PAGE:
Referring to the Drawings, FIGS. 1-2 illustrate a hose of the present invention wherein the first barrier layer of the hose comprises a blend of a fluoroelastomer with a fluoroplastic and the second layer is an elastomeric material. More specifically, FIG. 1 illustrates a hose 100 comprising a first fluoropolymer barrier layer 10 forming the interior wall of the hose 100, a second elastomeric layer 12 adjacent to and surrounding the first fluoropolymer barrier layer 10, and a cover layer 16 adjacent to and surrounding the second elastomeric layer 12.

FIG. 2 illustrates another hose 200 comprising a first fluoropolymer barrier layer 10 forming the interior wall of the hose 200, a second elastomeric layer 12 adjacent to and surrounding the first barrier layer 10, a reinforcing layer 14, and a cover layer 16 adjacent to and surrounding the reinforcing layer 14.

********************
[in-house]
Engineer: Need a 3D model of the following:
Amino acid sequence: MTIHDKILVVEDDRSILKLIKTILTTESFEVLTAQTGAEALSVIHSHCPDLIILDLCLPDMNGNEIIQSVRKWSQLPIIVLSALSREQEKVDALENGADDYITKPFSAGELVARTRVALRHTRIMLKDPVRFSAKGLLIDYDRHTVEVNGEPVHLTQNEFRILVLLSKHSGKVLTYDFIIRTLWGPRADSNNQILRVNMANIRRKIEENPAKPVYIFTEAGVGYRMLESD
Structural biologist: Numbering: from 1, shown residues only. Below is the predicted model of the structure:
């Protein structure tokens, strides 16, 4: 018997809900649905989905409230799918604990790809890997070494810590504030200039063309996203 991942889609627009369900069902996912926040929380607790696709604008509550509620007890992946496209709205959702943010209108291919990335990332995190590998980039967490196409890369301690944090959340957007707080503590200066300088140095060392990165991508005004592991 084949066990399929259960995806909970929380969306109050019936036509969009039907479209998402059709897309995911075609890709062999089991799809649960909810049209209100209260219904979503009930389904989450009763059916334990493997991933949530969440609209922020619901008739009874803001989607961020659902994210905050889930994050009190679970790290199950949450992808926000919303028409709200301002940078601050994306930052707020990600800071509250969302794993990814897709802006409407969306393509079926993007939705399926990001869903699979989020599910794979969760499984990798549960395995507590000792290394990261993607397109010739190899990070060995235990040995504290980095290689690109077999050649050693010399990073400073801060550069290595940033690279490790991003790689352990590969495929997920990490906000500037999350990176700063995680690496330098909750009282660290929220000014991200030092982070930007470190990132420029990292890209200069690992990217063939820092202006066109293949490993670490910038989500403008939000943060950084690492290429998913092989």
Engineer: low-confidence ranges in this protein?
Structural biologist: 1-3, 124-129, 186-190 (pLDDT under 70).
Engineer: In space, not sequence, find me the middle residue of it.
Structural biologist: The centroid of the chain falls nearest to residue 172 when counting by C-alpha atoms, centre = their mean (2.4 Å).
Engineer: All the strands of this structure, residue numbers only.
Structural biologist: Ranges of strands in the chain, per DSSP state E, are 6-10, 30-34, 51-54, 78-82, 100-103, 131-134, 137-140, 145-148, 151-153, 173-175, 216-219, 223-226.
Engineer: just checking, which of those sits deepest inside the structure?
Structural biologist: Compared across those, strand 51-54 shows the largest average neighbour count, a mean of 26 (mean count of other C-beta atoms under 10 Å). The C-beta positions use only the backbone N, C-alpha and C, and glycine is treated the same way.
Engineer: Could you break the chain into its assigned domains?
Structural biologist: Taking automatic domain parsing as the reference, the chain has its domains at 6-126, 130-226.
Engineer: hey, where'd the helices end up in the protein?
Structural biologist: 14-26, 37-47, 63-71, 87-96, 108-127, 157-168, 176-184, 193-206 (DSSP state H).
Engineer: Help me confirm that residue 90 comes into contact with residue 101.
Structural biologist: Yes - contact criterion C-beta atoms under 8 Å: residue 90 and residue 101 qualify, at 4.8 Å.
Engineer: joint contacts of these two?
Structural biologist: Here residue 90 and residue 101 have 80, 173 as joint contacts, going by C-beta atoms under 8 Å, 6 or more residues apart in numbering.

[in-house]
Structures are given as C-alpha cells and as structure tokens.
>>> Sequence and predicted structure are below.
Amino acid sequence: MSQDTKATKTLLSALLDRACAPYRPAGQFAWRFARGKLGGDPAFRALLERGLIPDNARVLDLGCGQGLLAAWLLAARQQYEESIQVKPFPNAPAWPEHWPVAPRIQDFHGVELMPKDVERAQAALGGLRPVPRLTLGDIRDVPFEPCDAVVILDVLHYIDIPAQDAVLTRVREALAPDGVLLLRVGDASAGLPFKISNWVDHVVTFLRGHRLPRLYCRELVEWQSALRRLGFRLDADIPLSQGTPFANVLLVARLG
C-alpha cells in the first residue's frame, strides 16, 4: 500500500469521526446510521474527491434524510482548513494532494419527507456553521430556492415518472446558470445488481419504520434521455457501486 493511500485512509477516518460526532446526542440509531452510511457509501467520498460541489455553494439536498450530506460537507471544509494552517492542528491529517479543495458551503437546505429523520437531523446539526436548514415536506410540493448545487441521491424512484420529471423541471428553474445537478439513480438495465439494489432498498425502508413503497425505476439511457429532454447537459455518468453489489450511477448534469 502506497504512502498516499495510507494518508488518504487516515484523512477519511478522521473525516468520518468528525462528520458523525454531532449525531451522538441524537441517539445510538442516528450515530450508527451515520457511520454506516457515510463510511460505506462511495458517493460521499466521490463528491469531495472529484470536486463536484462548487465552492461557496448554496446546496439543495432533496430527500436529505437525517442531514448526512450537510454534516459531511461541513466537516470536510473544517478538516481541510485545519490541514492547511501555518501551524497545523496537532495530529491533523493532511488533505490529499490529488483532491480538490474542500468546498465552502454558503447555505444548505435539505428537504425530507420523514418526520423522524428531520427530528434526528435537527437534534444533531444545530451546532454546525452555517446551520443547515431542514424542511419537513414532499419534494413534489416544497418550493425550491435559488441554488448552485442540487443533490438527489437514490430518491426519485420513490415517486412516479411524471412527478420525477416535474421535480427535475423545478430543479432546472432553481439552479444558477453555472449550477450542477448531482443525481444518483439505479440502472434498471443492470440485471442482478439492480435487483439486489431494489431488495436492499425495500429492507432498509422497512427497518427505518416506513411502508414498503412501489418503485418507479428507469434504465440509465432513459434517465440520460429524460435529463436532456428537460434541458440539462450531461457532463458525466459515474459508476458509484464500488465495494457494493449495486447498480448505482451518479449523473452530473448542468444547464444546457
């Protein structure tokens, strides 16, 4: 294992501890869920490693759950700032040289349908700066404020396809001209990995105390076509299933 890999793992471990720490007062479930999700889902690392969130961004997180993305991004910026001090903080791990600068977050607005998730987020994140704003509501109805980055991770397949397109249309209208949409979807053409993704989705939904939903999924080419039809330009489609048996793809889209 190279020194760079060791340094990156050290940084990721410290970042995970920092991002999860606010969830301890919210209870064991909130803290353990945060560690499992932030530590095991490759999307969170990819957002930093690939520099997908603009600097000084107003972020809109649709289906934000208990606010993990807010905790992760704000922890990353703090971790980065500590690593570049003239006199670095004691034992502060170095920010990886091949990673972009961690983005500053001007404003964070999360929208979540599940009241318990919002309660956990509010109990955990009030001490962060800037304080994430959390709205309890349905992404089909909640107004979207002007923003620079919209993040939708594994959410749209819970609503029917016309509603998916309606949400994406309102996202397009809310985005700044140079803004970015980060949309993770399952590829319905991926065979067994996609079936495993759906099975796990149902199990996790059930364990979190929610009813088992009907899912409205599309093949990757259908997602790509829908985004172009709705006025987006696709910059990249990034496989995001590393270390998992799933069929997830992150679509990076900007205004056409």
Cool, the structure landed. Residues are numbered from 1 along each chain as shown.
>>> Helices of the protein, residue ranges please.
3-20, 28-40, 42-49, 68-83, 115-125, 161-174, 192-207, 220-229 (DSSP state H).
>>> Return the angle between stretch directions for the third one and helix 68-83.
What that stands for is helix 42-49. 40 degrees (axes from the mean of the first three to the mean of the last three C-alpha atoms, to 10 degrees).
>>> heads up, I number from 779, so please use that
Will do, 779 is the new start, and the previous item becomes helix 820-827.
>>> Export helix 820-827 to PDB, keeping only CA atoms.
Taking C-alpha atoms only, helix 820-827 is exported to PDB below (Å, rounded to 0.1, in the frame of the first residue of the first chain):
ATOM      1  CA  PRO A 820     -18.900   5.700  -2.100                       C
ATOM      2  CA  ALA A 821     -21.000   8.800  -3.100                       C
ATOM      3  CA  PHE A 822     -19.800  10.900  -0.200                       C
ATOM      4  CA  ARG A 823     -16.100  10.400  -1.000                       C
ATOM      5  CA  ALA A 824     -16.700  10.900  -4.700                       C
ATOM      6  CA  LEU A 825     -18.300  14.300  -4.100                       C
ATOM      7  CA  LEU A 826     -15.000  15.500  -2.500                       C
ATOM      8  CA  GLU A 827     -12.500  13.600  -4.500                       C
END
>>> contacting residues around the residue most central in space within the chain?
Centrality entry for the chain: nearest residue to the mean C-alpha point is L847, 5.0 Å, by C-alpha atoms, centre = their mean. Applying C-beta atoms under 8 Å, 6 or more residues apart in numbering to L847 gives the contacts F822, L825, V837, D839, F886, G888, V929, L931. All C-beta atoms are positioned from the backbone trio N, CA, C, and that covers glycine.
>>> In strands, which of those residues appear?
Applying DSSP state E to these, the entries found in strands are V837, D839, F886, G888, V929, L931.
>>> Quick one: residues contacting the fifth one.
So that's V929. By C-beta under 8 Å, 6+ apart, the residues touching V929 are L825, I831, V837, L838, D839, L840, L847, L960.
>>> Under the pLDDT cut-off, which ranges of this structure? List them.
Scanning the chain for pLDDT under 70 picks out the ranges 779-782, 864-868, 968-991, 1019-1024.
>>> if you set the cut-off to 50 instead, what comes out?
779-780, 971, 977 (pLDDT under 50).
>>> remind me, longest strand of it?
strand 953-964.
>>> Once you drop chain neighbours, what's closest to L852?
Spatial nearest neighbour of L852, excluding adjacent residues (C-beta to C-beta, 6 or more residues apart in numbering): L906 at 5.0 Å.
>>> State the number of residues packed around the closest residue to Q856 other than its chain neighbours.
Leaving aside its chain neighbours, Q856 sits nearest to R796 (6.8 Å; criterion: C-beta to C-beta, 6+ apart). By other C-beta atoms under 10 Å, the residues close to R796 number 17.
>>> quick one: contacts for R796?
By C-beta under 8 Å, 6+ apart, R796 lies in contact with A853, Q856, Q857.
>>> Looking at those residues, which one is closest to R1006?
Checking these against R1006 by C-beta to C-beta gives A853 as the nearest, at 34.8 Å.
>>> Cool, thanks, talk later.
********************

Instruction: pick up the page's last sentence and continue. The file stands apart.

The term “fluoropolymer” as used herein refers to polymers produced from two or more fluoromonomers and, is meant to encompass fluoropolymer blends, copolymers and terpolymers, of fluoropolymers, and blends thereof.

The term “hydrocarbon” as used herein is meant to include fuels such as gasoline, oils, air conditioning gases, organic chemicals, and the like.